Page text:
In this regard, another news story around Pfizer was the establishment of the Columbia-Pfizer Clinical Trials Diversity Initiative. The company partnered with the Columbia University Irving Medical Center and its Herbert Irving Comprehensive Cancer Center to reduce health disparities by increasing the participation of underrepresented minorities in clinical trials and enhancing the diversity of clinical researchers.

For more Pfizer insights, read our report: “Pfizer: Corporate Reputation Analysis Case Study”.

Moderna, in the meantime, slowed enrollment slightly in its large clinical trial in September 2020 to ensure it has sufficient representation of minorities most at risk for the disease. “I would rather we have higher diverse participants and take one extra week,” Moderna CEO Stephane Bancel said. Diversity “matters more to us than speed.”

Apart from news around diversity in its vaccine trials, Johnson & Johnson earned its influence for believing in going local for advice on how to handle health equity. The pharma giant launched The Health Equity Innovation Challenge, set to start in Chicago, Detroit, Los Angeles, New Orleans, New York City and Philadelphia, all areas that suffer extreme health inequality within the Black and Hispanic communities. The challenge is an open call to these communities to submit ideas to help open up access to quality care, improve diversity in science, push for more trustworthy community-based healthcare and prevent and treat illnesses that disproportionately affect them.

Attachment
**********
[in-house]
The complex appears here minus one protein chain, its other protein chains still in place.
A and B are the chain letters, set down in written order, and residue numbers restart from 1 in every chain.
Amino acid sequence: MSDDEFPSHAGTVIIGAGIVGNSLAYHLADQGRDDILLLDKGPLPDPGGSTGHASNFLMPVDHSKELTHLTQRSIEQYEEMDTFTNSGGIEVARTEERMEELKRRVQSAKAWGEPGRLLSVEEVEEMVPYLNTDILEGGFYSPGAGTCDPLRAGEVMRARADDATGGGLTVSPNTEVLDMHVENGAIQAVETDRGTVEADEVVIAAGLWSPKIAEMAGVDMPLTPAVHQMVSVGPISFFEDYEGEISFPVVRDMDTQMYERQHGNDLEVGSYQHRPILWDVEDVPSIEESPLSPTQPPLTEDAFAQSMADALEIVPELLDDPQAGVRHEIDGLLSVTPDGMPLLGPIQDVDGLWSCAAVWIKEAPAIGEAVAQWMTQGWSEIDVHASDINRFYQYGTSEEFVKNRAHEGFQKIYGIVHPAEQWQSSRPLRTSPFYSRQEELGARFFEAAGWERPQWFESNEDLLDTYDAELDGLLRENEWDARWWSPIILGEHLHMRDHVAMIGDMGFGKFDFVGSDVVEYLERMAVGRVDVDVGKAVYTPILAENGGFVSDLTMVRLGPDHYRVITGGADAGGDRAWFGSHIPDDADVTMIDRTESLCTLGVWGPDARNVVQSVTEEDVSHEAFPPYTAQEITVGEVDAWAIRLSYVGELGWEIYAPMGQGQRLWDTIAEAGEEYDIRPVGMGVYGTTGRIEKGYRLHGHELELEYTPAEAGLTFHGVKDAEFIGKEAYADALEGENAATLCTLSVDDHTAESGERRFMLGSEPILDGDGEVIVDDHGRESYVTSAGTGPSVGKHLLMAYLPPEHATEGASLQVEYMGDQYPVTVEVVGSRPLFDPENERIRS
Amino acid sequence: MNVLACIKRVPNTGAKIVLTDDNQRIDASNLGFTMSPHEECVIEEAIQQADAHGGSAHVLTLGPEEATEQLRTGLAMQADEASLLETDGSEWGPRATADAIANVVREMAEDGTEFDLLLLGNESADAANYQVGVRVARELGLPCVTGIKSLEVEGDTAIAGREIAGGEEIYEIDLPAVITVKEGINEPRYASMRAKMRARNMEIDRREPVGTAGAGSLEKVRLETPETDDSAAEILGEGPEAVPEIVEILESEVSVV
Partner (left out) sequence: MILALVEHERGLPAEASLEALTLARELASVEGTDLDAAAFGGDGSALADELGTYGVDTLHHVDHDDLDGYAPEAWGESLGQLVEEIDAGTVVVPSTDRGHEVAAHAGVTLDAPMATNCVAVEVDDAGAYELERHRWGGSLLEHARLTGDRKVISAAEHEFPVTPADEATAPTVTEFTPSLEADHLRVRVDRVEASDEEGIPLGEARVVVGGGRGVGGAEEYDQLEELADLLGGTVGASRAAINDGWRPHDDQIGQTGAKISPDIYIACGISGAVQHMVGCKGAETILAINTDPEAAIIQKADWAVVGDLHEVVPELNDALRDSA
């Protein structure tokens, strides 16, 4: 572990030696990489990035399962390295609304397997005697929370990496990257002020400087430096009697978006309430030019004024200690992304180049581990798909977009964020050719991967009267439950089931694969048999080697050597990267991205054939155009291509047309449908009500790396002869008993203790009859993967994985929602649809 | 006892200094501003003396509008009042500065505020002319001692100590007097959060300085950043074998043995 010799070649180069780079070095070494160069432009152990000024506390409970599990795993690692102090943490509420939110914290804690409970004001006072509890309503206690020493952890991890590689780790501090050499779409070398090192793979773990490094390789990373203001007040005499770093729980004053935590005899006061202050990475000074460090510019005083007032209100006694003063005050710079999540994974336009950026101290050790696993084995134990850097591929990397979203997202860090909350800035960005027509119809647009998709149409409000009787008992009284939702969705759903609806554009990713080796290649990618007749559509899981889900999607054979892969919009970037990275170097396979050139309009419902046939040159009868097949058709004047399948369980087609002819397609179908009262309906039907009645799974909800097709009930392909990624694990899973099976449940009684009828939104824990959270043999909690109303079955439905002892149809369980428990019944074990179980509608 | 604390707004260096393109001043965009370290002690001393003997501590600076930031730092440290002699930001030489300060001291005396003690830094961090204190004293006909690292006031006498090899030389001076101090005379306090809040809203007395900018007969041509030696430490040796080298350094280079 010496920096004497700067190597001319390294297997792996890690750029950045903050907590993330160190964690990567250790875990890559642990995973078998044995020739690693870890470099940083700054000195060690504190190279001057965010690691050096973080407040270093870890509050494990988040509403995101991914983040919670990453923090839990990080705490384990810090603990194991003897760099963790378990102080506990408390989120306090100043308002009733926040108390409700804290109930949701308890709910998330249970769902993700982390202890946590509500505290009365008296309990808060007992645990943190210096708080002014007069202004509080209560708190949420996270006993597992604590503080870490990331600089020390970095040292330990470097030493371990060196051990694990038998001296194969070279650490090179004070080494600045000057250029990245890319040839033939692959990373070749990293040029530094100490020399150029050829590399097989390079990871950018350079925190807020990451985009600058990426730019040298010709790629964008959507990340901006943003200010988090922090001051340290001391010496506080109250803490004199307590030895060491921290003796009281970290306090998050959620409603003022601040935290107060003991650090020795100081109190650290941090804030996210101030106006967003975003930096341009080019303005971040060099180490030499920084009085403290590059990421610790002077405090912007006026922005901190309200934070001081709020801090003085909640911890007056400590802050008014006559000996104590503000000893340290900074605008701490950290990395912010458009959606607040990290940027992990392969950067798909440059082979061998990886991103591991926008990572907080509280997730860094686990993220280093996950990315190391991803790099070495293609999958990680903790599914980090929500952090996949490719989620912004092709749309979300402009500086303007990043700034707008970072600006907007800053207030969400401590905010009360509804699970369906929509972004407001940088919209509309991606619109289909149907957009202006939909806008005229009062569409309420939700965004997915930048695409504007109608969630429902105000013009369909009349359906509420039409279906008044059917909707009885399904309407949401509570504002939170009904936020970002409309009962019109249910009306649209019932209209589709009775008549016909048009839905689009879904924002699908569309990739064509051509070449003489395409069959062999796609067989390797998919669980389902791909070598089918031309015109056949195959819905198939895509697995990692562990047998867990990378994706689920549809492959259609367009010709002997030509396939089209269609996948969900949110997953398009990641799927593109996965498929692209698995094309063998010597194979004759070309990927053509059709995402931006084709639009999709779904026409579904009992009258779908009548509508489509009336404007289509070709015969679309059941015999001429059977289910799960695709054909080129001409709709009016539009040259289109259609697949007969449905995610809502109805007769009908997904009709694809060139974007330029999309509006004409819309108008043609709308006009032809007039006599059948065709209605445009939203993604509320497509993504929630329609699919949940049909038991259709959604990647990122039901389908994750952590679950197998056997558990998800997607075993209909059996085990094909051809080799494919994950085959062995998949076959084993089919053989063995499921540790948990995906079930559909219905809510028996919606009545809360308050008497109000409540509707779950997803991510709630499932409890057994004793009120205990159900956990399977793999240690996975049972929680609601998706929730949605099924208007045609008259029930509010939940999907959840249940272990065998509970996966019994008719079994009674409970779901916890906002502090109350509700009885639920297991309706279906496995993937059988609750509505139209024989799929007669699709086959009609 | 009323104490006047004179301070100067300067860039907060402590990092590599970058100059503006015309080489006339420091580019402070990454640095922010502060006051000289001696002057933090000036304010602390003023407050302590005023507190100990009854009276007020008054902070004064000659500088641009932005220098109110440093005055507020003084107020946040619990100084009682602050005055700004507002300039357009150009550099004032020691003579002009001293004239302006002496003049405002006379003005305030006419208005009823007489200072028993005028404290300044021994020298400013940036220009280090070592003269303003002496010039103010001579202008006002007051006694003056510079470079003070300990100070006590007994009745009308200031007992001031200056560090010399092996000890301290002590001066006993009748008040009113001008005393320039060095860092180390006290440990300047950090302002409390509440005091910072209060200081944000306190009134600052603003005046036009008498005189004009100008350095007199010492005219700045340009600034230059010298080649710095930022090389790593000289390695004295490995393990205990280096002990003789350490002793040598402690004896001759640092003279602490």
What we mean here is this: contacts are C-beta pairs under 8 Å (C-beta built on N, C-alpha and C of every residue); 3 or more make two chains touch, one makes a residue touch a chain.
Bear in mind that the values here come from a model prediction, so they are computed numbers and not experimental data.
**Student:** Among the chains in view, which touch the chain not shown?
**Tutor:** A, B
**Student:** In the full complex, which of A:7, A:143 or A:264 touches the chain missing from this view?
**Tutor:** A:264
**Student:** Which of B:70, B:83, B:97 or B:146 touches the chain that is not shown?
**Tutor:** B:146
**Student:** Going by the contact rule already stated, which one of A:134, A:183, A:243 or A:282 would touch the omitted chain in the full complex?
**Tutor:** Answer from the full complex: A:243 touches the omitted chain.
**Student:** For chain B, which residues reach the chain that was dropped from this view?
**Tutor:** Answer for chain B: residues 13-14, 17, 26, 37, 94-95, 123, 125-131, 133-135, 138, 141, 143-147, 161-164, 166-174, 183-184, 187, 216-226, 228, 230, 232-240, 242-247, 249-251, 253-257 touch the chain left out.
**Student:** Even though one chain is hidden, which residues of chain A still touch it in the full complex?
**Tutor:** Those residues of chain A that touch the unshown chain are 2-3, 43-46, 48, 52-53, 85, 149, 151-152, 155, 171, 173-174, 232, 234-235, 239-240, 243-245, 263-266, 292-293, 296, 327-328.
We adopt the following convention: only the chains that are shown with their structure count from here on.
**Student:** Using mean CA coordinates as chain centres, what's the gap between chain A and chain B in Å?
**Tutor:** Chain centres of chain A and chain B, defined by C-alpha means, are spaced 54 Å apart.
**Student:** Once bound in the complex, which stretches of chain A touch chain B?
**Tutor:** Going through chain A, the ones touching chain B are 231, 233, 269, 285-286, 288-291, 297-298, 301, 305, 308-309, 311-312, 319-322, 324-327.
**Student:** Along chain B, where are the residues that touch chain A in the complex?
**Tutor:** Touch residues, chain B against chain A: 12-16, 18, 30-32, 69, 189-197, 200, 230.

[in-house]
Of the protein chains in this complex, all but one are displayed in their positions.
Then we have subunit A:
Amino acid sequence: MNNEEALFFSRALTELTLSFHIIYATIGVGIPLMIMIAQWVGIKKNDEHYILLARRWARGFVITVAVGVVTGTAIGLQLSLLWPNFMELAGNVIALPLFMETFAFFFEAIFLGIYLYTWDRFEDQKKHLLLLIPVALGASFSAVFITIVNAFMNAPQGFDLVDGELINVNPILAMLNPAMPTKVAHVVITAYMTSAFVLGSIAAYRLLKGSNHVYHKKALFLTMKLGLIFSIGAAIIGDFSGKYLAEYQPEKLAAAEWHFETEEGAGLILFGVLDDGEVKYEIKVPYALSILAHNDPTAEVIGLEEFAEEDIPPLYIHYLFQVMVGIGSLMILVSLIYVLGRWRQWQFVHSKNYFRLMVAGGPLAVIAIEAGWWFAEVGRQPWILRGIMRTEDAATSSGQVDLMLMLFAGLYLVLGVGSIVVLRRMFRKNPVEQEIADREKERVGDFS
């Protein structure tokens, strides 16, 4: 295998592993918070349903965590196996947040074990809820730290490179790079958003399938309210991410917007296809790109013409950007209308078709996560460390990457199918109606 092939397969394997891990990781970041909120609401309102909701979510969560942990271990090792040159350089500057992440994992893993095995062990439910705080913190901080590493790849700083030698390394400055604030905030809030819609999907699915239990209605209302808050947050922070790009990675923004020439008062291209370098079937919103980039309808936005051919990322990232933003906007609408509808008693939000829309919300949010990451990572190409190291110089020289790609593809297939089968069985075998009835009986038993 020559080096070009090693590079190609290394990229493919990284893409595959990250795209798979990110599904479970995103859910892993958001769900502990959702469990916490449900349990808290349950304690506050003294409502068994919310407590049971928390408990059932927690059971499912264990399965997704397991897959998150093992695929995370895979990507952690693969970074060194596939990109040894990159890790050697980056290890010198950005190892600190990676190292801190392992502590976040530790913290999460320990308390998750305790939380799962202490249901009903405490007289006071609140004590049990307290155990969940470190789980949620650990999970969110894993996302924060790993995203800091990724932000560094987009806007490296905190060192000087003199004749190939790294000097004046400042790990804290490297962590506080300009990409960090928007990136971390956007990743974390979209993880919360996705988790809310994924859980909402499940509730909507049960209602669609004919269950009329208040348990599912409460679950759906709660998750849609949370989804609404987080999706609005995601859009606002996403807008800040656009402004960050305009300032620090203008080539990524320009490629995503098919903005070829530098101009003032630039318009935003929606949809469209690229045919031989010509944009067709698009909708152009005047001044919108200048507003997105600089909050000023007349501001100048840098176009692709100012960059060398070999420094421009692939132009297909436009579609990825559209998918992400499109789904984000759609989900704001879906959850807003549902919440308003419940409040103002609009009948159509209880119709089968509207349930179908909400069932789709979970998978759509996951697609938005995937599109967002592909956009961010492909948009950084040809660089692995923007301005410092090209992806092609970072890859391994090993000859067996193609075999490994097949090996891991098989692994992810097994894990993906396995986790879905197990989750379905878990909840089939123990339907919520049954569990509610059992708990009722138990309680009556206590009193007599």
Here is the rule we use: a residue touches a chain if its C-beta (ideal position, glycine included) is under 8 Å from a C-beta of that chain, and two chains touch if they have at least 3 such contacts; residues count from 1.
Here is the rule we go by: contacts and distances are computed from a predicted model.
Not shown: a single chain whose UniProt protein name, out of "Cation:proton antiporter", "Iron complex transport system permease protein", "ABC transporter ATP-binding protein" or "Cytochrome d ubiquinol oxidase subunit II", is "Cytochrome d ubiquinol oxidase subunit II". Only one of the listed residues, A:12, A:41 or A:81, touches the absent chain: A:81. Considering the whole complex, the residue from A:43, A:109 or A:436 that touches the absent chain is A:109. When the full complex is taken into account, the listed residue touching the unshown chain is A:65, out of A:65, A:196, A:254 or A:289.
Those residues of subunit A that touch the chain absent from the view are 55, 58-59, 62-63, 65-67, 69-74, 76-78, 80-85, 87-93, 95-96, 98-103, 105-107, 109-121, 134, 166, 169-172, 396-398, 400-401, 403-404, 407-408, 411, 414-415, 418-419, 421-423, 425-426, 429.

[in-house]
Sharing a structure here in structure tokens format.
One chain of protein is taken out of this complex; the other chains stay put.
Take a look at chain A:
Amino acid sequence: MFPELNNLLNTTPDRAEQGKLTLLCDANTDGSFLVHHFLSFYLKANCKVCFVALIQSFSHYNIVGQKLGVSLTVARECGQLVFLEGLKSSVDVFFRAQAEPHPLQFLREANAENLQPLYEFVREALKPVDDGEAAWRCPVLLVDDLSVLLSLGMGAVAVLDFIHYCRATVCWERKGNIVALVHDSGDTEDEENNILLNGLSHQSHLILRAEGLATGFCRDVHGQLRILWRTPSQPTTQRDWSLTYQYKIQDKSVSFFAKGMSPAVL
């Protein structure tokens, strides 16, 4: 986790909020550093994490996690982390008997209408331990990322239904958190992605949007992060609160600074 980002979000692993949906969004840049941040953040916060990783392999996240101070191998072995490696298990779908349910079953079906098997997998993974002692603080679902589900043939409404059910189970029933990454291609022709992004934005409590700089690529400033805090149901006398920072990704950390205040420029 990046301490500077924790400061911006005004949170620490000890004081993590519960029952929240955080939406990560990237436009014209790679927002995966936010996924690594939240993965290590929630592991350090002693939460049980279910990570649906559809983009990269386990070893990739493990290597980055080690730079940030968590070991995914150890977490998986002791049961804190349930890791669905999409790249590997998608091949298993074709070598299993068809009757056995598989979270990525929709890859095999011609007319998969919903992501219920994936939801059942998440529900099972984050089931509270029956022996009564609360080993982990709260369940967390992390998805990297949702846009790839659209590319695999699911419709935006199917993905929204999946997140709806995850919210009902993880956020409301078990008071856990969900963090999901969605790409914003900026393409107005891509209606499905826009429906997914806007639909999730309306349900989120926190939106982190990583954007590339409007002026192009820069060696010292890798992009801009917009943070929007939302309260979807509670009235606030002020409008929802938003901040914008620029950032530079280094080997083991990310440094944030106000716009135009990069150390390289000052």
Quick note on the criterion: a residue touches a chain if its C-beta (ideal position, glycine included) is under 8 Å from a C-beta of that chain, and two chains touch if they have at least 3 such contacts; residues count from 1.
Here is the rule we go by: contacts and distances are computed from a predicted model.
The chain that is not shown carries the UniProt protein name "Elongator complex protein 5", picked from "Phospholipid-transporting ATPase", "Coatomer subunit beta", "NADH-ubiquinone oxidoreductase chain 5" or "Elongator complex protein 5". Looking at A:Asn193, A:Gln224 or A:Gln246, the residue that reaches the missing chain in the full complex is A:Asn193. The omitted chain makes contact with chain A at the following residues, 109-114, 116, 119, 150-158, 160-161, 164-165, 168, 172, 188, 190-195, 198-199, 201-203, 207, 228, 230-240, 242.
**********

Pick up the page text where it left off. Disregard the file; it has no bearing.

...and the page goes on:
In addition, Johnson & Johnson made headlines with its plans to increase the number of Black managers in the company by 50% within five years as part of a $100 million initiative to tackle racial inequality. The world’s biggest health company said it also would create college scholarships for Black students interested in science, business and health care.

British vaccine maker AstraZeneca got into the debate by announcing it’s going to let more people take part in clinical trials from the comfort of their own homes in an attempt to increase the diversity of participants, among concerns in the UK that a lack of diversity among people participating in clinical trials means drugs and medical equipment may be less effective in certain groups. Cristina Durán, the chief digital health officer, R&D, at AstraZeneca told the Guardian typically only 3% to 5% of eligible patients choose to join a clinical trial, with recruitment taking as long as 18 months.